This article caught my eye. As readers will know, I have been regularly castigated in the media (BBC in particular) for daring to suggest that the NHS is far from perfect and needs major reform if it is to deliver. If you mention filthy hospital wards, uncaring nurses, bloated bureaucracy, vast waste, gross incompetency..you are damned. The NHS is beyond criticism and this absurdity characterises debate in the UK. And yet…
“No system of universal healthcare is perfect. All have their pros and cons. But by common agreement, the best and most effective tend to be those that combine public provision with some form of co-payment or compulsory health insurance. Many of the best healthcare systems also allow for extensive private sector involvement.
Yet in the UK, anything that could be construed as partial “privatisation” remains strictly off limits. Similarly, any discussion of co-payment that goes beyond simple prescription charges, dental care and so on, is taboo. Debate about the future of the NHS remains largely frozen in a miasma of post-war nostalgia. On healthcare reform, as on much else, Britain is firmly stuck in the past.
Even Sweden, spiritual home of the high-tax, social market economy, enthusiastically embraces both co-payment and private sector participation. You won’t pay less than 15 euros to see a doctor in Sweden”
And then this;
“It is often said that providing for the old and sick is the mark of a civilised society, and so it is. But if maintaining spending on healthcare and pensioners is at the expense of investment in future competitiveness – infrastructure, training and education – then it condemns the country to long-term decline.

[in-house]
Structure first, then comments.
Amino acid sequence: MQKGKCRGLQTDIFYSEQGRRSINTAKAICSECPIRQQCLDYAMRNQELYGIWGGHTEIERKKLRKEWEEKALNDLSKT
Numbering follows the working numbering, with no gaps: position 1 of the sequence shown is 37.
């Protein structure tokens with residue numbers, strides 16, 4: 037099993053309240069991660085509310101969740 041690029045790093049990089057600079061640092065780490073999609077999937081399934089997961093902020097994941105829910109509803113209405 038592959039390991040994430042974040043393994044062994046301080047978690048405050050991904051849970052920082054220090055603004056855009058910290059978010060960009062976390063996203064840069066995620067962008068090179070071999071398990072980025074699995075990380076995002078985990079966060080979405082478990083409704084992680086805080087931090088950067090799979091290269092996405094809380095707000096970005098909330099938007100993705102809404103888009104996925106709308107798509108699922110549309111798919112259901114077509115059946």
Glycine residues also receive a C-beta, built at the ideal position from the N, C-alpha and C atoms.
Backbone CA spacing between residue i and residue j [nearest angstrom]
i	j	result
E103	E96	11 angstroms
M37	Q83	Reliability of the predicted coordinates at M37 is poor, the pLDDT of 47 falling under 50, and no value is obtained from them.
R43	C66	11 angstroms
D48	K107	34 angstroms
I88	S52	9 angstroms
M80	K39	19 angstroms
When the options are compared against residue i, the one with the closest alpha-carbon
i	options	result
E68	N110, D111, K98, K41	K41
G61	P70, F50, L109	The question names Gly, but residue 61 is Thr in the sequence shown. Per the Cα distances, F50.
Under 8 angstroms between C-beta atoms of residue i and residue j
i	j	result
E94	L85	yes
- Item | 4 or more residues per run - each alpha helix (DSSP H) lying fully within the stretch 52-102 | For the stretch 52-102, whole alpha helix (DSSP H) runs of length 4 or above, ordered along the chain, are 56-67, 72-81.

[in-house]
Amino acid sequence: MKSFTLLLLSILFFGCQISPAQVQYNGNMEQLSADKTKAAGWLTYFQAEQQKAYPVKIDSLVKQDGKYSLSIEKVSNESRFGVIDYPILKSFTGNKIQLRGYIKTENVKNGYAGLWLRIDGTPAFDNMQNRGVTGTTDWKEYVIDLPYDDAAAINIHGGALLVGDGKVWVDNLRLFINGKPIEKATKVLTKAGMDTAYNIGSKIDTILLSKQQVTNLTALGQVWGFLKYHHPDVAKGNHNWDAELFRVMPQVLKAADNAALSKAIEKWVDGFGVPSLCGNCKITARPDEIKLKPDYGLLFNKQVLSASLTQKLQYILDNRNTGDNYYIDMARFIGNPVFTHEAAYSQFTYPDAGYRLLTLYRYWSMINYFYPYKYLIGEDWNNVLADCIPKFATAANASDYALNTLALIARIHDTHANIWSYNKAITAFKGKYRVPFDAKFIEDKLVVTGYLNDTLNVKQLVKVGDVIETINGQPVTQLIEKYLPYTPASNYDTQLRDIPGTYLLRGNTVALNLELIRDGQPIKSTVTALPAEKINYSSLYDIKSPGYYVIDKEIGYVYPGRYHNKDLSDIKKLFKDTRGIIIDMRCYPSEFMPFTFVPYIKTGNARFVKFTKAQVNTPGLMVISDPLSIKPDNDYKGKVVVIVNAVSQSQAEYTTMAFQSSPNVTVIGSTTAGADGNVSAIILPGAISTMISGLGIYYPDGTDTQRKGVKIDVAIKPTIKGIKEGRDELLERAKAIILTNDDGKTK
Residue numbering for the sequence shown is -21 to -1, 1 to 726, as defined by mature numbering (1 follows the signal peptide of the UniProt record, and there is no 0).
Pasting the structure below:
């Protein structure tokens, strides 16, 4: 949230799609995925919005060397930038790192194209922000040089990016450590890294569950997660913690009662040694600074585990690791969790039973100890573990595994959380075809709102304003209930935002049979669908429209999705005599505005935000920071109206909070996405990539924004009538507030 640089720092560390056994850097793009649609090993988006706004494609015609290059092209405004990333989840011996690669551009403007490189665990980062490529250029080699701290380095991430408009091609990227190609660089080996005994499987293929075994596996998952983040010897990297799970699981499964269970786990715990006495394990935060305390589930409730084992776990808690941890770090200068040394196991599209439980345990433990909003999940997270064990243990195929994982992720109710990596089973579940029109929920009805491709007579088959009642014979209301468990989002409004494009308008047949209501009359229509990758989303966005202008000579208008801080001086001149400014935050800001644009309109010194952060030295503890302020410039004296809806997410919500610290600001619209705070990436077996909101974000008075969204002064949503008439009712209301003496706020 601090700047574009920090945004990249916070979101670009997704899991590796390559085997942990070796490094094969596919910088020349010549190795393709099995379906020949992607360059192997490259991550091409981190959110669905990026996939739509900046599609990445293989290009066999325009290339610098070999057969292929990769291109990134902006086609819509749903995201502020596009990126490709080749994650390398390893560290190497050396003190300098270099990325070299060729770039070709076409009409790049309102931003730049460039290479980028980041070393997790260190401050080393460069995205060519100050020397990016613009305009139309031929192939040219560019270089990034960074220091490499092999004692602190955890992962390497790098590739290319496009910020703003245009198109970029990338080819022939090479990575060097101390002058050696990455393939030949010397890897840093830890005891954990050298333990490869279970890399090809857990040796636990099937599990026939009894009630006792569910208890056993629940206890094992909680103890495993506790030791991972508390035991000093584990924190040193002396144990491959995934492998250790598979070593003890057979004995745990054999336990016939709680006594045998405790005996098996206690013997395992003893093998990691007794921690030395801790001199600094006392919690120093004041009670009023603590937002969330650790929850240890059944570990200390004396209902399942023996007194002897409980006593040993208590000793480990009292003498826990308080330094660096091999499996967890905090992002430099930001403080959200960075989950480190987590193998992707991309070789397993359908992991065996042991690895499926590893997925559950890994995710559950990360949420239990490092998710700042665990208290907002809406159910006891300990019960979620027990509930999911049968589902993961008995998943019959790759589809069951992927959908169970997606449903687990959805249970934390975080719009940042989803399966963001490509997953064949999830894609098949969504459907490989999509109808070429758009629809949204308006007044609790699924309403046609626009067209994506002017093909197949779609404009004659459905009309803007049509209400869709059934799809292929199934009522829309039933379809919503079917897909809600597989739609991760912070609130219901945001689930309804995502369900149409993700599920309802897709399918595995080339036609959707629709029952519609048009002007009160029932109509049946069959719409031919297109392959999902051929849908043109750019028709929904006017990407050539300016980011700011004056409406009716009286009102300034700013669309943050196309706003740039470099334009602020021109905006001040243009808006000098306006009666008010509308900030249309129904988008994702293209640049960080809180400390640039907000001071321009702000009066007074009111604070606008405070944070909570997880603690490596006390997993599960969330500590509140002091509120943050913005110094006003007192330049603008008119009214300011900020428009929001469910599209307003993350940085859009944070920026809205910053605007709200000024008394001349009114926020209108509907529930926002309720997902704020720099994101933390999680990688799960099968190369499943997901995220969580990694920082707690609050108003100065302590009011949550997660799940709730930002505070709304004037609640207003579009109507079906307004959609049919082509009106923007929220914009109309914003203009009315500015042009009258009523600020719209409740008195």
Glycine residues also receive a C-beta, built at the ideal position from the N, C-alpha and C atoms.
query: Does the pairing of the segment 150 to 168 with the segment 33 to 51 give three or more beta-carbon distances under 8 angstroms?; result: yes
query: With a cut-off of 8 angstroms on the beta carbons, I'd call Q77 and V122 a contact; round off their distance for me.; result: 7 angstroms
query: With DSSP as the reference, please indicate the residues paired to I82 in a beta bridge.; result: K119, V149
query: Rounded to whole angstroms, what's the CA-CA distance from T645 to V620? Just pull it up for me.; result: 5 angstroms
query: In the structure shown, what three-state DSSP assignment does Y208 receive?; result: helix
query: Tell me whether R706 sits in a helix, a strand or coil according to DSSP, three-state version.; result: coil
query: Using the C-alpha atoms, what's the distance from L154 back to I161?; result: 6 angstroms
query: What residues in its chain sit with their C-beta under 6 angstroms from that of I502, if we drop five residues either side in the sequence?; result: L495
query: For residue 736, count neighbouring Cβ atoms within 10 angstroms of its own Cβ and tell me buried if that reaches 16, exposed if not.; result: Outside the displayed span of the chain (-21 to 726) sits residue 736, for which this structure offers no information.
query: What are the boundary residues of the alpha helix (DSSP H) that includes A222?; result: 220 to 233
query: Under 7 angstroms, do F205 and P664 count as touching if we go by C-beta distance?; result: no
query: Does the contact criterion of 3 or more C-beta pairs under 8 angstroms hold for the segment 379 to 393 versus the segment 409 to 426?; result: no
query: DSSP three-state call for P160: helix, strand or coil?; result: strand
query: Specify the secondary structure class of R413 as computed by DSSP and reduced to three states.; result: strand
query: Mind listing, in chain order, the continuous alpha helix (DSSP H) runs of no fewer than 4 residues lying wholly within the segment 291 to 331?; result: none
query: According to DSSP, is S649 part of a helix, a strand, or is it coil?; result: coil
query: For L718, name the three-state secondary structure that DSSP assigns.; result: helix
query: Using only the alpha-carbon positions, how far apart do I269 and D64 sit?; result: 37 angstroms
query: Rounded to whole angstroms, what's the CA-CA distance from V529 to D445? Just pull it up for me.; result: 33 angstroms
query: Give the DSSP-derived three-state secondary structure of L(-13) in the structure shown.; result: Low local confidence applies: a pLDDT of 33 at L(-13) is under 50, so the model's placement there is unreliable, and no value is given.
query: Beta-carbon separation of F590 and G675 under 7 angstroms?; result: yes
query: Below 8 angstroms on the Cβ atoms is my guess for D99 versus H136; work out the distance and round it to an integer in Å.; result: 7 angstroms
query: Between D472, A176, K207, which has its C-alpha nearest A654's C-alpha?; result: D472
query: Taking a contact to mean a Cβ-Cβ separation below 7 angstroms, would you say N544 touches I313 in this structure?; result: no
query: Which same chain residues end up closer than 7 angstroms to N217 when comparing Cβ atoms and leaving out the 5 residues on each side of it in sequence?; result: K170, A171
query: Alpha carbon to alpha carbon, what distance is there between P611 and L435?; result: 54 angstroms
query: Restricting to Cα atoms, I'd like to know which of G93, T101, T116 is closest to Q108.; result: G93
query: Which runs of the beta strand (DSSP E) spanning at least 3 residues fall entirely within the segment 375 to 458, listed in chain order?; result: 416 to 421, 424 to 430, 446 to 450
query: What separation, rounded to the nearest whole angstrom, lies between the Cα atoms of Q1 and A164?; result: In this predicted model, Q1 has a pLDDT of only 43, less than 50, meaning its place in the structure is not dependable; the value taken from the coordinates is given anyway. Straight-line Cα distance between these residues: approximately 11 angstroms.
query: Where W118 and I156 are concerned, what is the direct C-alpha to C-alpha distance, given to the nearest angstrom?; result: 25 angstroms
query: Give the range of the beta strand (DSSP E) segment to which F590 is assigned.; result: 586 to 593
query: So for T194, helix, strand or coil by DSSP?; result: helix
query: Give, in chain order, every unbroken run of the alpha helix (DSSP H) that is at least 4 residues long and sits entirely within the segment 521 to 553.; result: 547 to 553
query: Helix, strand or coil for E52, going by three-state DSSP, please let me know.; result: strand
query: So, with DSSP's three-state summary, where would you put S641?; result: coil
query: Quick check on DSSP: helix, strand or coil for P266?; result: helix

The idea of co-payment is thought perfectly acceptable for education – higher tuition fees are just that. But when it comes to healthcare, it’s not to be discussed. The policy choices seem ever more dictated by the demographics of an ageing society. Britain prefers to spend wastefully on its past than invest in its future.
Upholding the “free at the point of use” principle for healthcare will eventually bankrupt the country if nothing is done…”
The fact is that the NHS does need major surgery but no one will countenance this. Our craven political class, bowing to media approval, keep backing off. And yet there is one certainty and it is this; the NHS is guaranteed to fail in the long term unless there is change.